Scholars have long debated the meaning of the pursuit of happiness, yet have tended to define it narrowly, focusing on a single intellectual tradition, and on the use of the term within a single text, the Declaration of Independence. In this insightful volume, Carli Conklin considers the pursuit of happiness across a variety of intellectual traditions, and explores its usage in two key legal texts of the Founding Era, the Declaration and William Blackstone’s Commentaries on the Laws of England.
For Blackstone, the pursuit of happiness was a science of jurisprudence, by which his students could know, and then rightly apply, the first principles of the Common Law. For the founders, the pursuit of happiness was the individual right to pursue a life lived in harmony with the law of nature and a public duty to govern in accordance with that law. Both applications suggest we consider anew how the phrase, and its underlying legal philosophies, were understood in the founding era. With this work, Conklin makes important contributions to the fields of early American intellectual and legal history.
Carli N. Conklin is Associate Professor at the University of Missouri School of Law. She lives in central Missouri.
“Professor Conklin is one of those exceedingly rare and invaluable scholars who unites in a single analysis of the founders’ thought the four traditions that most influenced them—the classical heritage, Christianity, the English legal tradition, and the Scottish Enlightenment—rather than advocate for the primacy of a single heritage. She presents a cogent argument that the glue that held these diverse influences together was their shared conception of ‘the pursuit of happiness.’”—Carl Richard, University of Louisiana at Lafayette, author of The Battle for the American Mind: A Brief History of a Nation’s Thought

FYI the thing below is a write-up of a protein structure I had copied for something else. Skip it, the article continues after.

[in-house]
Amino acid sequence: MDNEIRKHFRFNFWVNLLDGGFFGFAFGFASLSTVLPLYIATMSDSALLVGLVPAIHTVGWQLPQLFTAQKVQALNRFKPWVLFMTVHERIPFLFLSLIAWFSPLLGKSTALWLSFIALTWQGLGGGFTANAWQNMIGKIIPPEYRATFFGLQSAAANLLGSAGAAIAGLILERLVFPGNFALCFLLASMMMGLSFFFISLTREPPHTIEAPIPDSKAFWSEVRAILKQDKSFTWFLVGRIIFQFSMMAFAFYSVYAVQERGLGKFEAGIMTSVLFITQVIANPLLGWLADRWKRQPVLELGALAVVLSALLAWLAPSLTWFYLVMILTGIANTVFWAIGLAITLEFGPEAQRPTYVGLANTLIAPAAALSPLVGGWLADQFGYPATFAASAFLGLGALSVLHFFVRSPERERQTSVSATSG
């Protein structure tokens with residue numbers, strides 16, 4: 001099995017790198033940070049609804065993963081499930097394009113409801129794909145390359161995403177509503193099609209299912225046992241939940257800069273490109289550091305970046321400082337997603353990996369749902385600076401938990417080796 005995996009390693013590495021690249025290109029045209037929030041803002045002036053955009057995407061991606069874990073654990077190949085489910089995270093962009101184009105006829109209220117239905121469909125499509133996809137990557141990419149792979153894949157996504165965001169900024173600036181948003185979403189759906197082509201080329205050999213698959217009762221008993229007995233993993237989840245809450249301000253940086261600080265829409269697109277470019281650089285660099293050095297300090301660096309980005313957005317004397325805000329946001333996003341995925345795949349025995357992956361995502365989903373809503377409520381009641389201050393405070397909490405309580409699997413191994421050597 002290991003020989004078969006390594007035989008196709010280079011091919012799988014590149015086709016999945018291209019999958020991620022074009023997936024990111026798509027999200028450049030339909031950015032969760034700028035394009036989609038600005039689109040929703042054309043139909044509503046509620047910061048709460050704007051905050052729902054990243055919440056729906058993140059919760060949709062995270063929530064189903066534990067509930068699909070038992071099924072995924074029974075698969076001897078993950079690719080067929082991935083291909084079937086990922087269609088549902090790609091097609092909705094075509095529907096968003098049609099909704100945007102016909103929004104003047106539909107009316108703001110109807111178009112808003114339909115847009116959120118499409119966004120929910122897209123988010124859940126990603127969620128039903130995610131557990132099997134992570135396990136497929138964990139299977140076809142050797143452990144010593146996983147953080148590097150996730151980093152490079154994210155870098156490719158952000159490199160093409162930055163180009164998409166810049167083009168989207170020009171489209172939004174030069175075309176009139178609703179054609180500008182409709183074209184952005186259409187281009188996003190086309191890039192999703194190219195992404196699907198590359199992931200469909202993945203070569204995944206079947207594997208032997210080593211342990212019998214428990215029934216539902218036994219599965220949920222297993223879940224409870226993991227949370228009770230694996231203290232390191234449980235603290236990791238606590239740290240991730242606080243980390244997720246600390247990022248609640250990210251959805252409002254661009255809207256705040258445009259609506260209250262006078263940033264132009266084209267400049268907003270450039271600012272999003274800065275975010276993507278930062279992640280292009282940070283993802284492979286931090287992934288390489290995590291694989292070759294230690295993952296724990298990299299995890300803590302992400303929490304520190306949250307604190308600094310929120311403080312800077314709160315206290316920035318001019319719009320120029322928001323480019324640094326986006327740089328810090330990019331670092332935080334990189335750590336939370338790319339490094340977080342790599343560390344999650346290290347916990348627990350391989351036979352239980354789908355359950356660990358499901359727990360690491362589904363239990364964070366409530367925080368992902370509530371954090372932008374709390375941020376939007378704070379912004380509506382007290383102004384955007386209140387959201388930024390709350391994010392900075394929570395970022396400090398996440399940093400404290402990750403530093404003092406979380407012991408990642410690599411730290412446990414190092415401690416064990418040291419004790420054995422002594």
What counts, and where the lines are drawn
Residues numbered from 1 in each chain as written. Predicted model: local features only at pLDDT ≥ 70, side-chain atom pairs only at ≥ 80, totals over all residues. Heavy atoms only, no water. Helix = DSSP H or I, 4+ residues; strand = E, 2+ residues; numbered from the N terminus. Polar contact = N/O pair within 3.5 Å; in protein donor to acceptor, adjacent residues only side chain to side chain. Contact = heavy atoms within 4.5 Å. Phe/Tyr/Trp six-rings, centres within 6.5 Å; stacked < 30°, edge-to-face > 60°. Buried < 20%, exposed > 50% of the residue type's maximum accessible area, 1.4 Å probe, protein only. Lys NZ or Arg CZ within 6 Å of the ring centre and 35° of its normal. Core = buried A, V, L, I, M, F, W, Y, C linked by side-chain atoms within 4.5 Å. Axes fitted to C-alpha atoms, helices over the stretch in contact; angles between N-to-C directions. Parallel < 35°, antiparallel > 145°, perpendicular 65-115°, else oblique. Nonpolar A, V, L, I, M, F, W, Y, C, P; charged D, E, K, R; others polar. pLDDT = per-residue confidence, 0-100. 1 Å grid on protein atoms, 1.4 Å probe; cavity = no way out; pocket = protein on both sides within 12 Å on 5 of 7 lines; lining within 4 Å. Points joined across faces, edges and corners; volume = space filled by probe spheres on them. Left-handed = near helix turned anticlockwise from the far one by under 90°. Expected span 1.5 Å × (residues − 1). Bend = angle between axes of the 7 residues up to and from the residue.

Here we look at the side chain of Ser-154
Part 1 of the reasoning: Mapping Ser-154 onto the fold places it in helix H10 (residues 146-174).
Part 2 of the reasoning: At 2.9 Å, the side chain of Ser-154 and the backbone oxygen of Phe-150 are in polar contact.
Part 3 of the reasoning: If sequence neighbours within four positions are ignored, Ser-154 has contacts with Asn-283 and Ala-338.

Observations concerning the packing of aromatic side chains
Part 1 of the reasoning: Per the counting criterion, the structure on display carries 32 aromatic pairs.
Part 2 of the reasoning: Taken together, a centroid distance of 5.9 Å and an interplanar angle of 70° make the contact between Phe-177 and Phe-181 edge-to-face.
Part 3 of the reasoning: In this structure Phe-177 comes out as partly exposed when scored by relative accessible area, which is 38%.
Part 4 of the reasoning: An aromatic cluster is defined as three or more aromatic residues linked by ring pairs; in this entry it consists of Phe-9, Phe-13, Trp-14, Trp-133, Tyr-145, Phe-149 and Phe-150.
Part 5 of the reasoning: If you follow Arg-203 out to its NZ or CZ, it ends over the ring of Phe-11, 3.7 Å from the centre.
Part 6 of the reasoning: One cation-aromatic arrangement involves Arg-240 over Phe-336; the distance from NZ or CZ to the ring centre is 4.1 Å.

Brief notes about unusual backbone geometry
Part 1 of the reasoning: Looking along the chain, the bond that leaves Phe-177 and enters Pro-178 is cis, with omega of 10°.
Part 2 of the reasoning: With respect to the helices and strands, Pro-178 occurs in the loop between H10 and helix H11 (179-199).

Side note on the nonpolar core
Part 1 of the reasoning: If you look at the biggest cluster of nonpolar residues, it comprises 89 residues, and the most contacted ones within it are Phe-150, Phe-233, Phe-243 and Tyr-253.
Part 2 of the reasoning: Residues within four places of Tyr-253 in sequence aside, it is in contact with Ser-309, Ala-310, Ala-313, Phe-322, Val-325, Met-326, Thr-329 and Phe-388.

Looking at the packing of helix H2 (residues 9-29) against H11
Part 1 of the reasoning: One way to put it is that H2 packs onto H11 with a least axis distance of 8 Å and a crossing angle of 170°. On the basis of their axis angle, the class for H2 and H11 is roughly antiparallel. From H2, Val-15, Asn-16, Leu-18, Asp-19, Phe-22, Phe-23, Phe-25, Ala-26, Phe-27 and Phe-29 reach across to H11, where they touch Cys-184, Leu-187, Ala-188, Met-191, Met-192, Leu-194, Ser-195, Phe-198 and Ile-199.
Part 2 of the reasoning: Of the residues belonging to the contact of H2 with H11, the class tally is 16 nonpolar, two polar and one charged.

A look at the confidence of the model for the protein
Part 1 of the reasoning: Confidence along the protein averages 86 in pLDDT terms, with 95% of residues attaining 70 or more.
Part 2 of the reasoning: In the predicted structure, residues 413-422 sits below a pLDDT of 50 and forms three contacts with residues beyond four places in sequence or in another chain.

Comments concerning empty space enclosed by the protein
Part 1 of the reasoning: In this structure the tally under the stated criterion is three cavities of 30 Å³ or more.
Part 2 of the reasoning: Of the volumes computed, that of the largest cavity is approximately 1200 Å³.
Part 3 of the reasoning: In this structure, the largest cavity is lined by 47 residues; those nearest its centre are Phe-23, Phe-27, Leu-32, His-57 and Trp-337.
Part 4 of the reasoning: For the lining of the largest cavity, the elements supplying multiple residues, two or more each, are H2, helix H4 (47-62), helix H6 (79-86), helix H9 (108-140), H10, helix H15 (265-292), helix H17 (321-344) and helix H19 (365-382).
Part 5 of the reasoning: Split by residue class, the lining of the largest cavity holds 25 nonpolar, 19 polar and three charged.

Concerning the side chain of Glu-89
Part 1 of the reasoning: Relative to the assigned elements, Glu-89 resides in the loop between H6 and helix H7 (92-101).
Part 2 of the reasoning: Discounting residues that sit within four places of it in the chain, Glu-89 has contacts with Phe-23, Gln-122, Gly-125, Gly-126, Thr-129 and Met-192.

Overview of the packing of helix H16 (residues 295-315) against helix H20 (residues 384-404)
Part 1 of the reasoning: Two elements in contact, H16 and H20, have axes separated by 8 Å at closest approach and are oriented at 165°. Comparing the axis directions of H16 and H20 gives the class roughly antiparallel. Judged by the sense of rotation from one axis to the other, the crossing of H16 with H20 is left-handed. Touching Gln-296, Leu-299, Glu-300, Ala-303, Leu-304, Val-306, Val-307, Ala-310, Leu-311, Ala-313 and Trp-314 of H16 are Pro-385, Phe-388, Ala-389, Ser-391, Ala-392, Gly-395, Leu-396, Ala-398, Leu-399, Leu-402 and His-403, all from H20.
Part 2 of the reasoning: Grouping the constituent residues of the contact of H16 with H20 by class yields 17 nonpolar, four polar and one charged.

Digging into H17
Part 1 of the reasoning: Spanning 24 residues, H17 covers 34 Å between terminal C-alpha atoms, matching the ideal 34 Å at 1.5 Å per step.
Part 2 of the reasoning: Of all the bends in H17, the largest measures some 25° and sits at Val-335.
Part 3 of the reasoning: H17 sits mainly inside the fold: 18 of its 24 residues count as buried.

“Carli Conklin's study is an original, significant, and well-documented contextualization of ‘the pursuit of happiness’ in the main currents of eighteenth-century British and American legal and political thought, philosophy, and religious thought. It is an important contribution to eighteenth-century intellectual history.”—Alan Charles Kors, University of Pennsylvania, author of Naturalism and Unbelief in France, 1650-1729 and Epicureans and Atheists in France, 1650-1729
“Addresses a perennial question in the scholarly literature as to why Jefferson, in the Declaration of Independence, substituted ‘pursuit of happiness’ for Locke’s ‘property’ in its listing of natural rights.”—Garrett Sheldon, University of Virginia’s College at Wise, author of The Political Philosophy of James Madison and The Political Philosophy of Thomas Jefferson